The understanding of San Lorenzan’s French influence can also help get at the origin of the word lo, which means 'the.'  An important part of creole languages is how they lose the morphological complexity of their source languages so that things like grammatical gender and number are lost; this can also result in a sort of crystallization of formerly morphological markers into what amounts to the basic root of a word (for example, Haitian Creole zwazo, 'bird', comes from French oiseaux, a word preceded by words ending in /z/ so often that the /z/ was tagged onto the beginning.  If that sounds dumb, don't worry, it's a pretty irregular kind of change) .  Presumably, then, there is one word in San Lorenzan that means 'the' but it’s not clear which of French’s three the’s – la, le, and les— is the source; determining the determiner helps us determine which derivational rule formed the San Lorenzan determiner.  There are three possibilities:
  • a > o
  • ə > o
  • e > o
 If je > ji is any guide, then le is not a likely source of lo.  We can also see from star > store and are > yore that something similar to a > o is already in effect.  The only indication of something similar to e > o is tea tray/teetron, though how that [n] got there is a mystery to me (crystallization of an overgeneralized liason rule?).  So I’d say, tentatively for now, that the source term is la.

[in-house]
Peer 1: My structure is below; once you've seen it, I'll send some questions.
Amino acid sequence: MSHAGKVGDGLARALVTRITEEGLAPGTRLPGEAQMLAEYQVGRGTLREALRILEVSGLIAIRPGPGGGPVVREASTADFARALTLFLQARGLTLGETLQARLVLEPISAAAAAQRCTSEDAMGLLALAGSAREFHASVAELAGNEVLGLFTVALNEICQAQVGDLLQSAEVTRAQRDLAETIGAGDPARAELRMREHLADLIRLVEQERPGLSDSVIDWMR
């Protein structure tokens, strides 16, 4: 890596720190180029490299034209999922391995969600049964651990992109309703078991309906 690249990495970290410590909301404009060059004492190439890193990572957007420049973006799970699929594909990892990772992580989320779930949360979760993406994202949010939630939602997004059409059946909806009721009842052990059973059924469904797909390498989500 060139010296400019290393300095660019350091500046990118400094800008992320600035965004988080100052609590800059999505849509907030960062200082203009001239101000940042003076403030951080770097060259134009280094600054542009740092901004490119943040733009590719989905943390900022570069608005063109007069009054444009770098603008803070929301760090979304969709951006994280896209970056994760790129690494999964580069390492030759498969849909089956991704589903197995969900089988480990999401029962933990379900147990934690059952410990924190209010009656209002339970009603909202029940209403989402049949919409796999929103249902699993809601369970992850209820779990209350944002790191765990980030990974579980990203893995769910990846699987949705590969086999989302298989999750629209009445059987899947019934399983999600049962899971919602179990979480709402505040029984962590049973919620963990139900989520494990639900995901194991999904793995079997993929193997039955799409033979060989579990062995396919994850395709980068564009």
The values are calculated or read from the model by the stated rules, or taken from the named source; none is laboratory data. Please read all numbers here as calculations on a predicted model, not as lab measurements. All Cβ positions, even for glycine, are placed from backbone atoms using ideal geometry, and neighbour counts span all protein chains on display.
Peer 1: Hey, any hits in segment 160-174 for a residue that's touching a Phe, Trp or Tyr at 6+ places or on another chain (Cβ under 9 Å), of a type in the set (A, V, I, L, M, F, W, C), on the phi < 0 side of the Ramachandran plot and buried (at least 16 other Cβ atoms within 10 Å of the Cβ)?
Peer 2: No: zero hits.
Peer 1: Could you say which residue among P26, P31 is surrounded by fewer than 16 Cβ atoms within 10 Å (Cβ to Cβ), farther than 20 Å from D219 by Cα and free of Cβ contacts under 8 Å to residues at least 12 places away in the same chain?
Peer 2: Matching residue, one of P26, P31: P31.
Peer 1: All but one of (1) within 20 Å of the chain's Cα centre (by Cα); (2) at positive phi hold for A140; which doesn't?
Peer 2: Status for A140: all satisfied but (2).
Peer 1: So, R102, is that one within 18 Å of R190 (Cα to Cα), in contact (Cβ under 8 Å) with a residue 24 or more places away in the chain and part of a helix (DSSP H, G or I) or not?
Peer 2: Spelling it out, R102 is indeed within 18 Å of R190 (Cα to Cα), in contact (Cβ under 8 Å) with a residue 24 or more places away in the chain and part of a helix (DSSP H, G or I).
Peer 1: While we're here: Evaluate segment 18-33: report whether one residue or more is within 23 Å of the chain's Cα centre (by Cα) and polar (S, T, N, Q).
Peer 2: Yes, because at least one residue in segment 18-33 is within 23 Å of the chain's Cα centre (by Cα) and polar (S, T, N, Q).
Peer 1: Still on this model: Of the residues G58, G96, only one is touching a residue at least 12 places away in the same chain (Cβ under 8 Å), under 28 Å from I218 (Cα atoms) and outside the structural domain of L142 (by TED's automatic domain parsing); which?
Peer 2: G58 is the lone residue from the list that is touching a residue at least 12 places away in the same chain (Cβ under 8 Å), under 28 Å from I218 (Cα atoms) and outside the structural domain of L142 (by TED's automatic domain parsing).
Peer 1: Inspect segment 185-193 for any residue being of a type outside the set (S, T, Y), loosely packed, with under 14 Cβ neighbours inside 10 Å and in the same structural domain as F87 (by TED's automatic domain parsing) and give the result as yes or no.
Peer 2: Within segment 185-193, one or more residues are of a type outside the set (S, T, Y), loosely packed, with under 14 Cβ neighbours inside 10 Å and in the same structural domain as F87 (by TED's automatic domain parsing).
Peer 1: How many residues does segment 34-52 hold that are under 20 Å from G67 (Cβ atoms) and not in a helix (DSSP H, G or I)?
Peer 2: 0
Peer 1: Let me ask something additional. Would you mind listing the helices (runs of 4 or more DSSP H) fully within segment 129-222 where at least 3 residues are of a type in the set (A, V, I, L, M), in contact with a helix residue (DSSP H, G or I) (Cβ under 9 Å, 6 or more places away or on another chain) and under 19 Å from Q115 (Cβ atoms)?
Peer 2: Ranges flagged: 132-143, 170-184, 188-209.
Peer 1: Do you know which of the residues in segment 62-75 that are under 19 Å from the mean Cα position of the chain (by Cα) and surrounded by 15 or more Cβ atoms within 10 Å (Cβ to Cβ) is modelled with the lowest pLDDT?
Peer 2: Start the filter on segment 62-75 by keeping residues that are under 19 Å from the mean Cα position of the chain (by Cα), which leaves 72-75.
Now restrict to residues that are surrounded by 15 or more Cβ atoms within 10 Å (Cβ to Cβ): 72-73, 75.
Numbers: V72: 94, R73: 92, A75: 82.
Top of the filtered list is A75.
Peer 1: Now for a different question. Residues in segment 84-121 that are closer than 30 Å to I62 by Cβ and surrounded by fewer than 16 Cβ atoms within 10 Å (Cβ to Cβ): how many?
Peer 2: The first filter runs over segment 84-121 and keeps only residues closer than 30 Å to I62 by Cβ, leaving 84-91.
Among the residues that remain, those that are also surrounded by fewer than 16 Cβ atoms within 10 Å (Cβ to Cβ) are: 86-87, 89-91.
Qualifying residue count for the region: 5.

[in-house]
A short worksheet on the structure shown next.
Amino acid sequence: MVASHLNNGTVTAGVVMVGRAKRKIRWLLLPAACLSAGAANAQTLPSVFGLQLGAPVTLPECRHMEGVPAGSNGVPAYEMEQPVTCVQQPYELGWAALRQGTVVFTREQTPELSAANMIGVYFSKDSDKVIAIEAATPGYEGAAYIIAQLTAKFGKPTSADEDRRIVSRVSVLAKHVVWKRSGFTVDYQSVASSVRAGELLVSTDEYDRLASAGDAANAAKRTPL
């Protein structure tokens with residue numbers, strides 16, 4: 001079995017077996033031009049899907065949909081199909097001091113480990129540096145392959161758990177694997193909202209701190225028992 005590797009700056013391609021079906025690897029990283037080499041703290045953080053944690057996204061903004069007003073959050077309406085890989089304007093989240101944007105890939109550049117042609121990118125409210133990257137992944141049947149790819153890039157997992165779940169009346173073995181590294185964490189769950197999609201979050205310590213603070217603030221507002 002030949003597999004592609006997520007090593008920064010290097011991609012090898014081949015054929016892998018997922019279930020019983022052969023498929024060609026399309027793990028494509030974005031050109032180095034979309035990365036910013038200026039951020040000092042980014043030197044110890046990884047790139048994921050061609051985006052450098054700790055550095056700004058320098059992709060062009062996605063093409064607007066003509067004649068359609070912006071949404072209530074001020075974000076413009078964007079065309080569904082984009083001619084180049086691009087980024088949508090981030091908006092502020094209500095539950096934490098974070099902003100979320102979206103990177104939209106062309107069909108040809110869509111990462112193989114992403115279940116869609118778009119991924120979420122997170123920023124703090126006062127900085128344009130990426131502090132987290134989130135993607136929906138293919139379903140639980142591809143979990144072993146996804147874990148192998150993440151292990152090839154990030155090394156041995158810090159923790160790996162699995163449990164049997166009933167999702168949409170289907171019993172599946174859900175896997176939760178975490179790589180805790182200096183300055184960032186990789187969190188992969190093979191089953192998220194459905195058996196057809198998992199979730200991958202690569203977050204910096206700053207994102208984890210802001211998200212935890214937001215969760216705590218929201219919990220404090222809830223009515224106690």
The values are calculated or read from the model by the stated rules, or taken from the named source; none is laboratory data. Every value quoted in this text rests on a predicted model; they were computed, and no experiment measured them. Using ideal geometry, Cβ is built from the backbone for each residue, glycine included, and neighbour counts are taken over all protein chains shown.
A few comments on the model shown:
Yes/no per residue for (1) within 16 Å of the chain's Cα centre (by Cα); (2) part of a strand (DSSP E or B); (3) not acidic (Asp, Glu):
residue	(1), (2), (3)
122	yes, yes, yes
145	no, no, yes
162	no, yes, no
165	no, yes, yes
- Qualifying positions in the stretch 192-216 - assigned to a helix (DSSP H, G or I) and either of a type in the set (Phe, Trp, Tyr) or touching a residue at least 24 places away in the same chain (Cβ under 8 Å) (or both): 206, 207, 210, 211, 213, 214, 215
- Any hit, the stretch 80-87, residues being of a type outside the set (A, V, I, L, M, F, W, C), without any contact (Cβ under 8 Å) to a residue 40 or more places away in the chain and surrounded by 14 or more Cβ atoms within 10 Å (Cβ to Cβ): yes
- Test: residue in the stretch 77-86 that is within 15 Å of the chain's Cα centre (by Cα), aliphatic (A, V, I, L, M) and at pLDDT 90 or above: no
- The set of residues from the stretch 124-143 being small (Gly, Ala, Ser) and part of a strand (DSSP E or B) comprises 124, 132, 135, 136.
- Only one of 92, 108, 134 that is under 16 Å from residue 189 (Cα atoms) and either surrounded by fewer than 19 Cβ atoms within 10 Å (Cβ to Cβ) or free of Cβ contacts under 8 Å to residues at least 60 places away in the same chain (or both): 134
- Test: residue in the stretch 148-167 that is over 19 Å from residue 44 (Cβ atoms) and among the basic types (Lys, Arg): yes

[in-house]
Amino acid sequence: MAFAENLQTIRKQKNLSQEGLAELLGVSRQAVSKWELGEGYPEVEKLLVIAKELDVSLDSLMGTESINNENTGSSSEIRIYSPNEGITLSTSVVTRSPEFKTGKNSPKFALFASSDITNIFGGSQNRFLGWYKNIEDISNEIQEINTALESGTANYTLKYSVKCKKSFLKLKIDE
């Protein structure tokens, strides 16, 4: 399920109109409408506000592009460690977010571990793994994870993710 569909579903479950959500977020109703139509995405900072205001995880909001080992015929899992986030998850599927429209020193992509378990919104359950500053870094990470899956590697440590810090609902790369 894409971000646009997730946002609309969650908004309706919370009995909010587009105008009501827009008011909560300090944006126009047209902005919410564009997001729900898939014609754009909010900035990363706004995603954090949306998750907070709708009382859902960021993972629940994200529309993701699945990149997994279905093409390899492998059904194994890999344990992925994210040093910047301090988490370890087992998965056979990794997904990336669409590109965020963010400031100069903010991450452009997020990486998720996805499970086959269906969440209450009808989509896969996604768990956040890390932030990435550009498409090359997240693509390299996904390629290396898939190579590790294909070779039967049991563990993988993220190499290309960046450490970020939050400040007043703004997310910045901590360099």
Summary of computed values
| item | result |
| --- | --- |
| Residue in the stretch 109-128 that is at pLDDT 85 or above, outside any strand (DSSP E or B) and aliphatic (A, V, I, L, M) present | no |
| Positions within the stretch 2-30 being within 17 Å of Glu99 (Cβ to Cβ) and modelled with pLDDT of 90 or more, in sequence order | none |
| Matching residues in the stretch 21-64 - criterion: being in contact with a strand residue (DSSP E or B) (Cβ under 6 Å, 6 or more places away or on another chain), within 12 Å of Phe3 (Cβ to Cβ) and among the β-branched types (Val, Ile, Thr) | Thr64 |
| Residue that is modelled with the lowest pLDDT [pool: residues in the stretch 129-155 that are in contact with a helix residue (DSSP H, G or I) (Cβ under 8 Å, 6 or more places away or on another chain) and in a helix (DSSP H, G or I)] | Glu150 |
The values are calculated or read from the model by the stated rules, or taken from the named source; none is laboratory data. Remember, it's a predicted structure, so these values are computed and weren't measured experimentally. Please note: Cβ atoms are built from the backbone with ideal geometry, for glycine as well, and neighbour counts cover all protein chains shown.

Bokononist terms
I won't bother listing all the Bokononist terms, that's been done elsewhere.  Below are a handful that I thought were the most important and, for our etymological purposes today, interesting.

Foma – harmless untruths
Karass – A group of people whose lives are cosmically intertwined
granfalloon – a false karass
duprass – a karass of two.
wampeter – the theme around a karass

The first term, foma, probably comes from faux mots ('false words').  That’s simple enough.  And granfalloon probably comes from grande faux lien ('great false link') with [nd] becoming [n] and [ljɛ]̃ changing to [lun].  Things start to get tricky, with duprass possibly coming from French deux près ('two near'); if this is so, then we can feel more confident that French la is the source of San Lorenzan lo.  However, it makes tea tray > teetron less likely.

I'm still confused by karass and wampeter, though.  What could the source words be?  Plug in your thoughts in the comments section.  Maybe we can get to the bottom of this.